Written by: Alexandru Părăușanu
Continuing the series of informative articles, in line with one of the principles governing OFE, namely transparency, in this material we aim to present the main differences between “security token” and “utility token”.
In light of the provisions of MiCA, which we discussed in the previous article, and the reality that blockchain easily encompasses every facet of everyday life, terms such as “tokenizing the economy” have become commonplace.
The differences between a utility token and a security token, however, are important both from the perspective of understanding the real world value that the token brings to holders, but also from a legal perspective.
A security token is a token that can be traded, the name being obviously derived from the stock market, where fungible assets with monetary value can be traded.
From this perspective, a security token can represent an interest in a company, i.e. a share, which entitles investors to vote, to receive dividends but also creates an obligation for the security token issuer to inform holders about the company’s financial statements and its performance. From this perspective, the security token behaves just like a share on the traditional regulated markets. The advantage of using security token is that the holders have a direct stake in the issuing company, raising funds is much easier for the issuer and widely accessible to the public, while being fully transparent – thanks to blockchain technologies. Also, dividends can be more easily distributed to holders all over the world by issuing new tokens to holders, not only making the process more efficient, but also cutting the middle man out of the equation.
In the US market, regulation of this type of token is done through the Howey Test, which imposes various criteria to determine whether the token is a security or not.
Of course, the burden of obligations that such a token must meet is significant, and a decision regarding European issuers and investors is likely to be delayed, with regulators awaiting a decision in the Ripple vs SEC case, where it is to be determined under what conditions a cryptocurrency can be a security.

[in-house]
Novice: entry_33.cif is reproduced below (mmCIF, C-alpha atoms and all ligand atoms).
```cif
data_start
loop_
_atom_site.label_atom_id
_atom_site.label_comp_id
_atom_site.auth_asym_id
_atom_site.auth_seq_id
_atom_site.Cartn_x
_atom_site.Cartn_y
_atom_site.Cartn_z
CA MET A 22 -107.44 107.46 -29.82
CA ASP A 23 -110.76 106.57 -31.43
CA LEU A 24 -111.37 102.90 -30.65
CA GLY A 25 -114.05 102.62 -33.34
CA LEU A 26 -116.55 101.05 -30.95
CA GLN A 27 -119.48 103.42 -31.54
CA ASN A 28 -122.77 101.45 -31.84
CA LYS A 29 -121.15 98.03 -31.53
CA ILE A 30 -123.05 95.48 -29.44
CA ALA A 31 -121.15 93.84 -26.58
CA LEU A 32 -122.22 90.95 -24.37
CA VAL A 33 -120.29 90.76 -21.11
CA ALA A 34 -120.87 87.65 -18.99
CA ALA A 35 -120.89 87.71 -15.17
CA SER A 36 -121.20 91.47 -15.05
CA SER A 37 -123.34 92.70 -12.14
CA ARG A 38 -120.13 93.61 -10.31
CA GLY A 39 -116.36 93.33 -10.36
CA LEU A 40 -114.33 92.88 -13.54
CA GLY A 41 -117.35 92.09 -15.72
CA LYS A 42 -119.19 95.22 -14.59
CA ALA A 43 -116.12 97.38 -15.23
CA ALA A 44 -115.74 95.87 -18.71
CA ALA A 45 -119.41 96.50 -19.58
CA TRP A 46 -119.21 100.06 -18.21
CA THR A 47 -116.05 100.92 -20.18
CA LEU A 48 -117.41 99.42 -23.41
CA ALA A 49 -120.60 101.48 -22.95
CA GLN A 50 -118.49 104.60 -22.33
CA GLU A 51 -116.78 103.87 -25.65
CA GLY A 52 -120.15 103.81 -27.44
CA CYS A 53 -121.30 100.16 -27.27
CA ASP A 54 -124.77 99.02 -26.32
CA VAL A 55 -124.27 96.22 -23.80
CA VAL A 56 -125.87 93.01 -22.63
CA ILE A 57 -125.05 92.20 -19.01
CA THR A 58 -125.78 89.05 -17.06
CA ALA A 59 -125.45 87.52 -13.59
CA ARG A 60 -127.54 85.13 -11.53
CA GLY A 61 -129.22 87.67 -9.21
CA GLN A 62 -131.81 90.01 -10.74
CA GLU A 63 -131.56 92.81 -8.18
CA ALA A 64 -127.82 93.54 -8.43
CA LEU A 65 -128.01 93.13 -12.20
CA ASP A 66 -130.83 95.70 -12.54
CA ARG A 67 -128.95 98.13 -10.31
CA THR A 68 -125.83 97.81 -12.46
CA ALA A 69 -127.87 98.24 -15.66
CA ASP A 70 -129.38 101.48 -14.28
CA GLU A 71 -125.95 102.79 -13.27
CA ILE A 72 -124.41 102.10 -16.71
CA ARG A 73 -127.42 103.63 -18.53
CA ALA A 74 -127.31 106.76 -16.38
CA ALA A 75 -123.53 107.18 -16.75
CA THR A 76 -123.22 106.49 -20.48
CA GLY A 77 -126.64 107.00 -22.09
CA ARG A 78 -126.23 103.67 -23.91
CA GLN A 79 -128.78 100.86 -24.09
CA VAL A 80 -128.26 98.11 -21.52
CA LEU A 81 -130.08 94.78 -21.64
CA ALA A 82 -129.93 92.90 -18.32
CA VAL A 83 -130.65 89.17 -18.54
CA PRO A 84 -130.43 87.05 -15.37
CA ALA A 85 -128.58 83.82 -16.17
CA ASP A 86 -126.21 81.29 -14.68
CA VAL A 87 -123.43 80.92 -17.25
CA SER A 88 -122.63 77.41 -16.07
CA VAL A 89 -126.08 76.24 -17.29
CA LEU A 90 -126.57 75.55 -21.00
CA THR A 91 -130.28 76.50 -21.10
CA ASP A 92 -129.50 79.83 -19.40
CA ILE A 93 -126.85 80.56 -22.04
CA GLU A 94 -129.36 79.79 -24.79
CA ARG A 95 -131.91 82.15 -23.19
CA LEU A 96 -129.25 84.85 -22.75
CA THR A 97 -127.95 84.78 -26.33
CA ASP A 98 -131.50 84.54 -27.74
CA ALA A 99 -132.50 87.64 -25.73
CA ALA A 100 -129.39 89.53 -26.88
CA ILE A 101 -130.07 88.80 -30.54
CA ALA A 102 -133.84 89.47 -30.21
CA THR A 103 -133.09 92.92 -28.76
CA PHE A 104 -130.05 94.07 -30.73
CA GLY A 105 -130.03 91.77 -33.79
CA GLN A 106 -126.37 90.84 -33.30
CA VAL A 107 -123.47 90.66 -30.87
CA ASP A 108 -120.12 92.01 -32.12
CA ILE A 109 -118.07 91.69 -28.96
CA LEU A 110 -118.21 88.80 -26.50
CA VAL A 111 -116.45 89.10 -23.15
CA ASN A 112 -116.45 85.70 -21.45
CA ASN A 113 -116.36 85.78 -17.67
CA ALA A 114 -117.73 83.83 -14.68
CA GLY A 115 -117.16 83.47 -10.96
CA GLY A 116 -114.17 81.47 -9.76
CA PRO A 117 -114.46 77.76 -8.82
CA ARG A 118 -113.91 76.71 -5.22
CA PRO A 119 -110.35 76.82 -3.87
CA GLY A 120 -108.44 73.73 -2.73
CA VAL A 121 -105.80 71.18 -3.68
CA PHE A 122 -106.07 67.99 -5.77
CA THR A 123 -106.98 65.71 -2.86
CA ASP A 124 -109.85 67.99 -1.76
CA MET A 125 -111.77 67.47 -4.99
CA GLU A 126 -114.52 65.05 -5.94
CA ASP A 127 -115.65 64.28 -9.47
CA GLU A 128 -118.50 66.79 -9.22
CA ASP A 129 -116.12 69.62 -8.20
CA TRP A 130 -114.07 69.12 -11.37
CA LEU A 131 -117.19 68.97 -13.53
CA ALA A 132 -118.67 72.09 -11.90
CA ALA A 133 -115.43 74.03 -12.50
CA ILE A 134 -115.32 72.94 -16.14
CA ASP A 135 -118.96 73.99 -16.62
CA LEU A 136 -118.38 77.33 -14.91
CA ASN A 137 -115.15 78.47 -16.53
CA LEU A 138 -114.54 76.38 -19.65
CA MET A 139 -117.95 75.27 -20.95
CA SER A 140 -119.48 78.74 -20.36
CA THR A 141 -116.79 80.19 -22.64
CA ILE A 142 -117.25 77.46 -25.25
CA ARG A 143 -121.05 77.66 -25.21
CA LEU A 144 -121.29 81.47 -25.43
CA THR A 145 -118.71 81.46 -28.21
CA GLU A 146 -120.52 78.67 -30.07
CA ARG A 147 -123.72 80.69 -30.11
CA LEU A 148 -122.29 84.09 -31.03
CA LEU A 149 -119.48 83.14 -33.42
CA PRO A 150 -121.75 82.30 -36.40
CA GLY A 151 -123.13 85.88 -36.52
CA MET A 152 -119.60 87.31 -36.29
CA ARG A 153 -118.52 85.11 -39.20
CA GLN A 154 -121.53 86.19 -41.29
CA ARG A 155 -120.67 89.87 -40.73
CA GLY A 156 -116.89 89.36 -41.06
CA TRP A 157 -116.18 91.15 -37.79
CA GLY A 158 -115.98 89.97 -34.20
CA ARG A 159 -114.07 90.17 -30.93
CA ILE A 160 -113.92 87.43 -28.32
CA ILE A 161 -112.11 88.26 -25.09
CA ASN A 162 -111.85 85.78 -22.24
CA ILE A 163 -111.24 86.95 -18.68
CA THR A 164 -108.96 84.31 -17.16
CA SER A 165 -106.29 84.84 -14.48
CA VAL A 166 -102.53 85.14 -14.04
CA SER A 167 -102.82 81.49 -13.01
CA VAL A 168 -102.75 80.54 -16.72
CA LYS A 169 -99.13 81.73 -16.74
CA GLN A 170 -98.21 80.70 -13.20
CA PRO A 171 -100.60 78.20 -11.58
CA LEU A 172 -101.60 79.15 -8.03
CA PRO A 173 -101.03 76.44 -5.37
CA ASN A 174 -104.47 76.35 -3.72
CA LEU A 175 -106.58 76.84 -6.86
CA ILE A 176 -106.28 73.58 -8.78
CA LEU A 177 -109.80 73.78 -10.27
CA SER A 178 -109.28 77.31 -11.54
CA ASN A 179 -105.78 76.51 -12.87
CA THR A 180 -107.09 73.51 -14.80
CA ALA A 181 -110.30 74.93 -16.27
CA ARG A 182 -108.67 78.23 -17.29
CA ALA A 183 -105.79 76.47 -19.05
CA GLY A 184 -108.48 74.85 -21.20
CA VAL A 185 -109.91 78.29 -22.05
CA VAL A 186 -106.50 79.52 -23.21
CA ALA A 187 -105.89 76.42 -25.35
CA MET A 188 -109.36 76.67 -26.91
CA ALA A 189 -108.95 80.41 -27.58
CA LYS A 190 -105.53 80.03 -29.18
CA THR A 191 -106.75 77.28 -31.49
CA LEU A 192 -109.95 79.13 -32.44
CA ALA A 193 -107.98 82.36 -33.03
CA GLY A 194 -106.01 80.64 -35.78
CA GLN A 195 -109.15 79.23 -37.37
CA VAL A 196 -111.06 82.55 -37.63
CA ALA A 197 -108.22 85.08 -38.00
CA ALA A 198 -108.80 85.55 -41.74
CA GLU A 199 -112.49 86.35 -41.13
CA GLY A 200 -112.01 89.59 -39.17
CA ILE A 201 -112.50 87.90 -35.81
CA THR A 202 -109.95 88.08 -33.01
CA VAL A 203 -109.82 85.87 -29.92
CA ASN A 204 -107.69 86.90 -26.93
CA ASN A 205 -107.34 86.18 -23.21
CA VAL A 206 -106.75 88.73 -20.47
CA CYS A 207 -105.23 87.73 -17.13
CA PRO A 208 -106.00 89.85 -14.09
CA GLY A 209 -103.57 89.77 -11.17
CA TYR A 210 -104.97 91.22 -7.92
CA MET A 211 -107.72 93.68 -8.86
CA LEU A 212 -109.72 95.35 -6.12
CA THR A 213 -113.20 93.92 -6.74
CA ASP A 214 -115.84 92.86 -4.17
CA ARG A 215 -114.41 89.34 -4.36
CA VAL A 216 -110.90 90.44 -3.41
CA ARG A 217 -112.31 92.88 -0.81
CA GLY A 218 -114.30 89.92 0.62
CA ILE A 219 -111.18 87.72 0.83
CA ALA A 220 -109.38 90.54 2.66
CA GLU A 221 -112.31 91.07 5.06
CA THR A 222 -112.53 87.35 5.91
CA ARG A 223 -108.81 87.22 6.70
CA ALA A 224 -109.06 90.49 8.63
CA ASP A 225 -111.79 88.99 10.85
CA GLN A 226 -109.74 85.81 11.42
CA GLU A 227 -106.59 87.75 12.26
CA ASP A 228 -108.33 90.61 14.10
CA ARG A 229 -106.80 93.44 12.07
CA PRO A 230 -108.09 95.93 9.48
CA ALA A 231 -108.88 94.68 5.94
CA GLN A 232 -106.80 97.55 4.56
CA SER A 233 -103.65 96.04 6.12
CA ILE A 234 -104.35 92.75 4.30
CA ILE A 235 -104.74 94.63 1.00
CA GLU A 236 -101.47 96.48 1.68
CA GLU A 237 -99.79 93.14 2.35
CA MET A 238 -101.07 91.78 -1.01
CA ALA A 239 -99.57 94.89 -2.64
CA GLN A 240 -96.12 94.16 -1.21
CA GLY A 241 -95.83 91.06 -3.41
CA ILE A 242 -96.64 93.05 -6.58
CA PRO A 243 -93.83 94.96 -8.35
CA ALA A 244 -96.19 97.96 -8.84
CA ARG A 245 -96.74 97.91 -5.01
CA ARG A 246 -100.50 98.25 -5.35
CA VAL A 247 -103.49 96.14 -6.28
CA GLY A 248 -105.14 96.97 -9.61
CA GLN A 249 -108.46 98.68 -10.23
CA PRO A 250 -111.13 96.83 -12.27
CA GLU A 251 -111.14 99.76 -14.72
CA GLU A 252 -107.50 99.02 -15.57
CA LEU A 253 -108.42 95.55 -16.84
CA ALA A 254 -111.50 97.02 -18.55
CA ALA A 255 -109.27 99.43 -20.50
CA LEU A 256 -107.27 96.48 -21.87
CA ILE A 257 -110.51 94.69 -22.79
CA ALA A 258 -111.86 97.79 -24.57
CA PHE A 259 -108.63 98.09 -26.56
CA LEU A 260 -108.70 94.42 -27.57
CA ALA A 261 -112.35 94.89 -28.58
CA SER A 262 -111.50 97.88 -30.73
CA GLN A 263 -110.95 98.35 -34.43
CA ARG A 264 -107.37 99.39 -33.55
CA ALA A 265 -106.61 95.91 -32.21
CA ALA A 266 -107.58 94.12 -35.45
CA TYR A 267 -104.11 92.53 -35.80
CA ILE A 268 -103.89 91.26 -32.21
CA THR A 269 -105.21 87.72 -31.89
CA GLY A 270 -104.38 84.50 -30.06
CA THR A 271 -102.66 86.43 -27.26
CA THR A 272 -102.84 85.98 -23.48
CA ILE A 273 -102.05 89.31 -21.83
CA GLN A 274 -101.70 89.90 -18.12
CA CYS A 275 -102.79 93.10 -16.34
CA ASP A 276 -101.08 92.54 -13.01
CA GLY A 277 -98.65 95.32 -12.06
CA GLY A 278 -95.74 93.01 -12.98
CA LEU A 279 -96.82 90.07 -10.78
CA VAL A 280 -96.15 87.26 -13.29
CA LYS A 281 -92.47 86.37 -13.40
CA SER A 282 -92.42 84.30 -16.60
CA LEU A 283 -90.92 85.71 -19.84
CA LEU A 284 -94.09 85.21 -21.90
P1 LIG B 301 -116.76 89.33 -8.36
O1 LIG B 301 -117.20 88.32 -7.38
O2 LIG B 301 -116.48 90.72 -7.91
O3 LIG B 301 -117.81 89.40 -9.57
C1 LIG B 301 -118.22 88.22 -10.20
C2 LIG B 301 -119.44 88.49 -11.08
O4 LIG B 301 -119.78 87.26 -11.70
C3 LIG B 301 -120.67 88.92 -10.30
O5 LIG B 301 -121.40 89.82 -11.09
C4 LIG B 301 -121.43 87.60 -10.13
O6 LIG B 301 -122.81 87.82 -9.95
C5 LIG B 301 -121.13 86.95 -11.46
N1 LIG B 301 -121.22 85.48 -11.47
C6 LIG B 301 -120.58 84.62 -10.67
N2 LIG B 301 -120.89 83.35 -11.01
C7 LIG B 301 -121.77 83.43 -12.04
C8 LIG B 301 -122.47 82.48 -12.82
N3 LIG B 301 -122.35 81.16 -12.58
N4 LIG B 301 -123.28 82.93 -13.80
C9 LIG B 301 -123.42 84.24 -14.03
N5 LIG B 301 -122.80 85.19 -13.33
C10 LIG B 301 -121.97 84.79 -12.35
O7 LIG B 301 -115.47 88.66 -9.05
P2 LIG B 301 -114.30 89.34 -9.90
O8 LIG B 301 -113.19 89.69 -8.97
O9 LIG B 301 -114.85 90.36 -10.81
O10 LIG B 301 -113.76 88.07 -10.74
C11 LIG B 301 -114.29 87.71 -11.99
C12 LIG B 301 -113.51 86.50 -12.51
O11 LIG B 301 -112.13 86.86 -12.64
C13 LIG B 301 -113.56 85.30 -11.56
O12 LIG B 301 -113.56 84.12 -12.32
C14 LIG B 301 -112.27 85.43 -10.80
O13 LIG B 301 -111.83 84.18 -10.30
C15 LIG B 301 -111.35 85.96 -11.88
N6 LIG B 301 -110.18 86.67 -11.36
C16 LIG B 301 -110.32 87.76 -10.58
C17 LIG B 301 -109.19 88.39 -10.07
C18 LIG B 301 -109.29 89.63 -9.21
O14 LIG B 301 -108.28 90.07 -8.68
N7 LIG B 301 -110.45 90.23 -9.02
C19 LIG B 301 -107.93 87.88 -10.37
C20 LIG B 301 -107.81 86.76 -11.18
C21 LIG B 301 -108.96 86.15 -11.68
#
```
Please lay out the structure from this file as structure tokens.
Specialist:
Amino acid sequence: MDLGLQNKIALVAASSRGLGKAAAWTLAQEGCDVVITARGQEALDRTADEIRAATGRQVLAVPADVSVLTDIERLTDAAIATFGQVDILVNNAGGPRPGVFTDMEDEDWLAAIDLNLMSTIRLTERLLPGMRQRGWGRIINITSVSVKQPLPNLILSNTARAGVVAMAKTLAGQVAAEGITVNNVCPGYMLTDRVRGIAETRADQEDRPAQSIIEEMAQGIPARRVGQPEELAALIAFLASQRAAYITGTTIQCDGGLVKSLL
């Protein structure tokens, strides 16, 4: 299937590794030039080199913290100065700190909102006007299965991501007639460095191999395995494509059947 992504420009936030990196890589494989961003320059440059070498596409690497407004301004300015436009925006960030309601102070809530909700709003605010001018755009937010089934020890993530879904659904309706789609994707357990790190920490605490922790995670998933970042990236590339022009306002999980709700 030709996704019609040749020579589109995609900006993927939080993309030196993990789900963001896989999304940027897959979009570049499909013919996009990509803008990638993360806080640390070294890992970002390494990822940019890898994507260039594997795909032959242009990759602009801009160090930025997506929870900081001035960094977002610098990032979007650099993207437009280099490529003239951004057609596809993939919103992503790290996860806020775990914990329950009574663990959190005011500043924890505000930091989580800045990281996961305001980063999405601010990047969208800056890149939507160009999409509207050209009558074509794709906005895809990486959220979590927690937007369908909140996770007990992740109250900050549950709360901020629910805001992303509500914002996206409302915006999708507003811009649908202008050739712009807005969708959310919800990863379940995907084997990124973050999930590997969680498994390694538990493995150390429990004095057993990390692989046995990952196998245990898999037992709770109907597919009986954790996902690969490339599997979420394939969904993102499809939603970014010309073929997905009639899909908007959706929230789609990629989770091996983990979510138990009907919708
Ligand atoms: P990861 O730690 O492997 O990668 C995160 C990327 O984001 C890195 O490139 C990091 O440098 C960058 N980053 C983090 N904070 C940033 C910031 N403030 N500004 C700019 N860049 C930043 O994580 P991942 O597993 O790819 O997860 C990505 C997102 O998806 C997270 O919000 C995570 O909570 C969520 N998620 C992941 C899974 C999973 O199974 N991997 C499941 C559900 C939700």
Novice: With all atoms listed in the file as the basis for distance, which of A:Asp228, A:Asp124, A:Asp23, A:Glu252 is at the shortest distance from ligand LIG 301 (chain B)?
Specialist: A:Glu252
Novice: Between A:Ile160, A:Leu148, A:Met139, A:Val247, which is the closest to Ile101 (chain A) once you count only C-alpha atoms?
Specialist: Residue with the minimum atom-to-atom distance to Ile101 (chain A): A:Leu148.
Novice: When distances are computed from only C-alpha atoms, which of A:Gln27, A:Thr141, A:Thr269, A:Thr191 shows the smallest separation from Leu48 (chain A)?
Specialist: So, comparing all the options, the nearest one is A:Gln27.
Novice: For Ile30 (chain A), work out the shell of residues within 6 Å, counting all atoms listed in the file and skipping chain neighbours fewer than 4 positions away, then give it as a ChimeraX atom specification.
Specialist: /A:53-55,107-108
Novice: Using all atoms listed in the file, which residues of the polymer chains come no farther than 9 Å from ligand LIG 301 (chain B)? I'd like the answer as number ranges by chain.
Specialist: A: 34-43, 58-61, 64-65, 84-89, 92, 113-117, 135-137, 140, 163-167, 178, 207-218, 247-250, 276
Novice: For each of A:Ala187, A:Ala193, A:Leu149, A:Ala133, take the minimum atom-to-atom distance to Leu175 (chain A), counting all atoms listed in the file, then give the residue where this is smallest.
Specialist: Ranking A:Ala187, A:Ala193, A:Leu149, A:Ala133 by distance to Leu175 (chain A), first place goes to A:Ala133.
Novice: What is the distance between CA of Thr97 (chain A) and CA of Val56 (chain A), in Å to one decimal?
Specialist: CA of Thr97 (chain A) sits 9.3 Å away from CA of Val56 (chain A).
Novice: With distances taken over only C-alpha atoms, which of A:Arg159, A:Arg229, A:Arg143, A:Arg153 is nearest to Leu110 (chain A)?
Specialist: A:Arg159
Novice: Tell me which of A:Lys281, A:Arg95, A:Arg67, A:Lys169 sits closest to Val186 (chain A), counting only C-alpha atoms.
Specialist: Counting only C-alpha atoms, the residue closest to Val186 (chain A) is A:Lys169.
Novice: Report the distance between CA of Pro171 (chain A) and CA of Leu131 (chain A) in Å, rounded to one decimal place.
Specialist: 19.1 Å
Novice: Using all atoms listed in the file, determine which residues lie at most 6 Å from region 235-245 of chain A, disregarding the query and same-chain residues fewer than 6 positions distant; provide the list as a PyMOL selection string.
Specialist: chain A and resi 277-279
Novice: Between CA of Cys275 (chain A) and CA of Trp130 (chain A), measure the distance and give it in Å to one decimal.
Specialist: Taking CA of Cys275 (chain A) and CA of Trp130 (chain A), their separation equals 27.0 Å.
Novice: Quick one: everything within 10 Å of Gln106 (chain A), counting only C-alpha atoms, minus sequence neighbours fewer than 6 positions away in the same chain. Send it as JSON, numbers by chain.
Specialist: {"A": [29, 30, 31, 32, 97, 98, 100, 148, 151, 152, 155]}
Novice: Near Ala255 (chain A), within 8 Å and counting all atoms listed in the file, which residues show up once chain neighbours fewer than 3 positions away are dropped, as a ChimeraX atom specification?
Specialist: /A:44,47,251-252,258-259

At the moment the Council of Europe has determined that tokens with economic value other than stable-coins will have the generic designation “crypto-asset”. From this perspective, the regulation is easier, with fewer obligations on crypto-asset issuers and, we believe, in line with the current cryptocurrency market.
As far as the utility token is concerned, it is in fact a voucher that the issuer of a project can use to build customer loyalty and provide benefits to consumers of its products. The utility token therefore complements the core business of an entity and has many advantages, both logistically and economically.
Firstly, issuing vouchers in virtual form presents significant cost savings in the production process and it is also very easy to track the validity and authenticity of these vouchers, with blockchain making the process secure for all participants.
Secondly, the use of tokens in business has many advantages in customer loyalty, with consumers looking to gain economic benefits through rewards by using this token.
From a legal point of view, MiCA establishes that a utility token has no financial purpose, the purpose of the token being to facilitate access to a digital service or good. A key point in the definition in Art. 3 para. (5) is that the utility token can only be accepted by the entity issuing it. Thus, tokens can only be used within the project or at the issuer using the technology.
While both tokens provide great utility it is important for both the issuer and investors to understand the differences between them, as both the rights and obligations of users vary greatly and can impact their financial health.